Because we are just coming out of an ice age (defined as a time during which there are permanent glaciers on the tallest mountains and permanent icecaps over the poles), sea level is only about a hundred meters above its historical low. The historical high is about 250 meters above its current level. (Some scientists say 400.) But what it's done in the past is to fluctuate over a range of about 150 meters from one ice age to the next, and very slowly the range rises and falls.

    These periods of ice age fluctuations are very rare. There have only been a few of them and they are separated by tens or hundreds of millions of years during which there is no permanent ice anywhere on earth, even at the poles.
     
    Last edited: Mar 18, 2011
  15. KilljoyKlown Whatever Valued Senior Member

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    Maybe it might happen like that. However try and picture yourself in that situation. The tides coming in and not going out. In order for you to move to a new place you need to sell the one your living in. That's bad because nobodies buying and all the available places you might want to move to are going up in price fast, because of all the people wanting to move there. Also because of the obvious situation it's not likely you will have insurance coverage for that problem. So all you can do is wait for the next big storm and kiss your ass good bye.

    That might be a bit pessimistic, but your comment lacked a lot of nasty reality.
     
  16. livingin360 Registered Senior Member

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    The answer to your question is extremely simple. Does greenhouse gases cause global warming? ... Yes... Are the levels of greenhouse gas's continually rising? Yes. Is the rest of the global warming debate just trying to distract away from a solution to the two points stated above?... Yes... The answer is simple the carbon dioxide levels are higher than what they have been in nearly a million years and photosynthesis must be increased to convert it to a normal level. Why do people and countries always get so caught up in drama they forget why the drama began in the first place? ftw
     
  17. KilljoyKlown Whatever Valued Senior Member

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    I don't doubt for a moment that humans are making the problem of global warming much worse and much faster than the normal warming cycle would have been. The big question is can we do anything about it, to either stop it from getting any worse or even to reversing the current damage that has already been done. Just last night I watched a program that talked about what all that extra CO2 is doing to our oceans, besides rising the level. They are becoming more acid to a point where the bottom of the food chain is threatened in a big way. If we become unable to take any food from the oceans in the near future (sometime this century). How many humans will starve to death?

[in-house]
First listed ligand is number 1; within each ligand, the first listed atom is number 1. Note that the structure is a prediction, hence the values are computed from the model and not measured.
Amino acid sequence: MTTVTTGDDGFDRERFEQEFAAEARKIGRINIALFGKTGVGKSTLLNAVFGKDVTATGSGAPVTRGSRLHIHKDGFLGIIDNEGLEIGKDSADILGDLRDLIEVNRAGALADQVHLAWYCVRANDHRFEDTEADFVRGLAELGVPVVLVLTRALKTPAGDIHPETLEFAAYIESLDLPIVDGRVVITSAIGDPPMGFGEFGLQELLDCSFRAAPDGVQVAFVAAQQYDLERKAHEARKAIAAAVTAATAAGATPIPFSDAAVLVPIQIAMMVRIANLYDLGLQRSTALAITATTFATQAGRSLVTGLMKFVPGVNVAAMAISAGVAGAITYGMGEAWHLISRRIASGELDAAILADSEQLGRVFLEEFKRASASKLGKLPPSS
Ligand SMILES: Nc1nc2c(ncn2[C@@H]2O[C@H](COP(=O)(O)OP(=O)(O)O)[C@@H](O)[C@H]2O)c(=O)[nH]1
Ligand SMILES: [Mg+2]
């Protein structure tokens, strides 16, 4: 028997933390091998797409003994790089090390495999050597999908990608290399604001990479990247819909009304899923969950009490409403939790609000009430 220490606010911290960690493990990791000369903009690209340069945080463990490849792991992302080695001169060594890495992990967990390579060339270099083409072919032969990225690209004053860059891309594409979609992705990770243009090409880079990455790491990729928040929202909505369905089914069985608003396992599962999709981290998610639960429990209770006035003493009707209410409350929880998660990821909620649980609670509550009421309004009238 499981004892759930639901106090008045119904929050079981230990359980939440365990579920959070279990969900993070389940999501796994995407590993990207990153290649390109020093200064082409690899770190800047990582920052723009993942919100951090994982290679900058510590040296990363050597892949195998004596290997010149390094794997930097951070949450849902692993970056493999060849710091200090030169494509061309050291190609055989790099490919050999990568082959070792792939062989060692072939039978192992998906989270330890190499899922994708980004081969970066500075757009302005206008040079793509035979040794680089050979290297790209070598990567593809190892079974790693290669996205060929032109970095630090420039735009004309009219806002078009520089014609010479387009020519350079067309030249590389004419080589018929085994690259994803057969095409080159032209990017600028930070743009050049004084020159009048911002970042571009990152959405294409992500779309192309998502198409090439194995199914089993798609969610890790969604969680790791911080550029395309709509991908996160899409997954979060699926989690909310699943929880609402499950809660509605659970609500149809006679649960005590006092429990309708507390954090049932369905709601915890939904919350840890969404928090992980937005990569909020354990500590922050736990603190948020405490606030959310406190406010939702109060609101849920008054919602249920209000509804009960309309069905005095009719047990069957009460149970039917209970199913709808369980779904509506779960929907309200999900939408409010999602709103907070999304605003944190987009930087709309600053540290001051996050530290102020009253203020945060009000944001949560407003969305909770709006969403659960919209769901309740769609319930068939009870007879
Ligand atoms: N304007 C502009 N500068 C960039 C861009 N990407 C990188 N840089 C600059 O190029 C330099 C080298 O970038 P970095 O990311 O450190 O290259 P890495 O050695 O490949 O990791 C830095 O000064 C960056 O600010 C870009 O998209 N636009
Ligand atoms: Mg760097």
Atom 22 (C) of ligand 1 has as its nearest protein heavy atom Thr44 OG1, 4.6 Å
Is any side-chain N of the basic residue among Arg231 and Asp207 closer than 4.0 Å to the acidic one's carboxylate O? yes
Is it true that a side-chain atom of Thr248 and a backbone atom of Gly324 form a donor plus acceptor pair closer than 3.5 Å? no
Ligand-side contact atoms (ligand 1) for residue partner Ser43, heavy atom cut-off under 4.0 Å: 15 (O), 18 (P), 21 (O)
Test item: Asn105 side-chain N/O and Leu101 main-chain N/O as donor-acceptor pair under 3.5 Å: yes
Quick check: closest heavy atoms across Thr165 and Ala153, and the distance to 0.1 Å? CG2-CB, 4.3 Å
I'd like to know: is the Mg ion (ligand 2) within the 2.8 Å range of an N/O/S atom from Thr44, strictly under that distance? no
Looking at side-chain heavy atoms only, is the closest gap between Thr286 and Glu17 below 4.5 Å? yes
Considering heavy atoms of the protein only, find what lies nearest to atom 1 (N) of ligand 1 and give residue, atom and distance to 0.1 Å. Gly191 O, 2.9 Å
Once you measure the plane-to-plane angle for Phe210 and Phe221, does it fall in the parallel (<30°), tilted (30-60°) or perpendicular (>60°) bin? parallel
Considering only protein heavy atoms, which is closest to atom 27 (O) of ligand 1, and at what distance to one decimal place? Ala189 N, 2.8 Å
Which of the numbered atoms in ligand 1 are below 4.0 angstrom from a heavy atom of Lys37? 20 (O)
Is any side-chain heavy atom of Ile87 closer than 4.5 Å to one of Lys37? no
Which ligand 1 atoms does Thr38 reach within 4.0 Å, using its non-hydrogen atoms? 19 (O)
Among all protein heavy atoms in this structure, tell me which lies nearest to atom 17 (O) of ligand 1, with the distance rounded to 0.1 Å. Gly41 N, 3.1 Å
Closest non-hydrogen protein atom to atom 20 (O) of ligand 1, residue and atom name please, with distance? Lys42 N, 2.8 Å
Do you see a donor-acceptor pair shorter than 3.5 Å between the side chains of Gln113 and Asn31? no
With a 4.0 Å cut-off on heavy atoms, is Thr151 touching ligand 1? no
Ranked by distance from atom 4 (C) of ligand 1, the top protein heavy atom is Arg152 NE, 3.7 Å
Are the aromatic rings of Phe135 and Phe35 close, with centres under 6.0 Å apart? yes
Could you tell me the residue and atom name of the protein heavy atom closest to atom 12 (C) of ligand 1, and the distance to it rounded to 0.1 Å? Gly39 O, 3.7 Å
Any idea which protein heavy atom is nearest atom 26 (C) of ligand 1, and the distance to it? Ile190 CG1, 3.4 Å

Let me guess, maybe enough to make the land we will be losing to rising ocean levels not much of a problem, or the least of our problems.
     
  18. livingin360 Registered Senior Member

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    I think the only solution is to decrease carbon dioxide. All that needs to be done is to halt deforestation and reforest unused area's around the globe and to come up with scientific ways to safely introduce more photosynthesis in the oceans. The acidity is actually attributed to the increased carbon dioxide the ocean is absorbing. Scientists are finding though that fish are evolving very quickly to the increased acidity though.
     
  19. Read-Only Valued Senior Member

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    I'm still astounded at how many otherwise-intelligent people think that trees are the answer to higher CO2 levels!

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    Why don't you people realize that trees are only temporary "storage" for CO2? Trees die, decay, and that CO2 goes right back into the atmosphere!:bugeye:
     
  20. livingin360 Registered Senior Member

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    I heard something about that. But i thought tree's still do a great deal of photosynthesis converting carbon dioxide into oxygen. For example i know that without the northernmost parts of the Taiga are a essential part of our carbon cycle.
     
    Last edited: Mar 18, 2011
  21. Read-Only Valued Senior Member

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    Sure - trees convert a lot of CO2 into O2 (during the daytime). But don't you realize what will always happen to that carbon they stored while they were alive? It turns back into CO2, that's what, and you are right back where you started before the tree was ever there.
     
  22. KilljoyKlown Whatever Valued Senior Member

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    What about shell fish and corals and diatoms and anything else that uses calcium in their survival strategy? Calcium dissolves in acidic water. Anyway if that's not bad enough warmer oceans have less O2 dissolved in it. Sounds like mass extinction in the oceans and that can't be good for us anyway you look at it.
     
  23. livingin360 Registered Senior Member

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    What do you think the best solution would be?

    I didn't know that

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    screw us what about the species that would go extinct. ugh..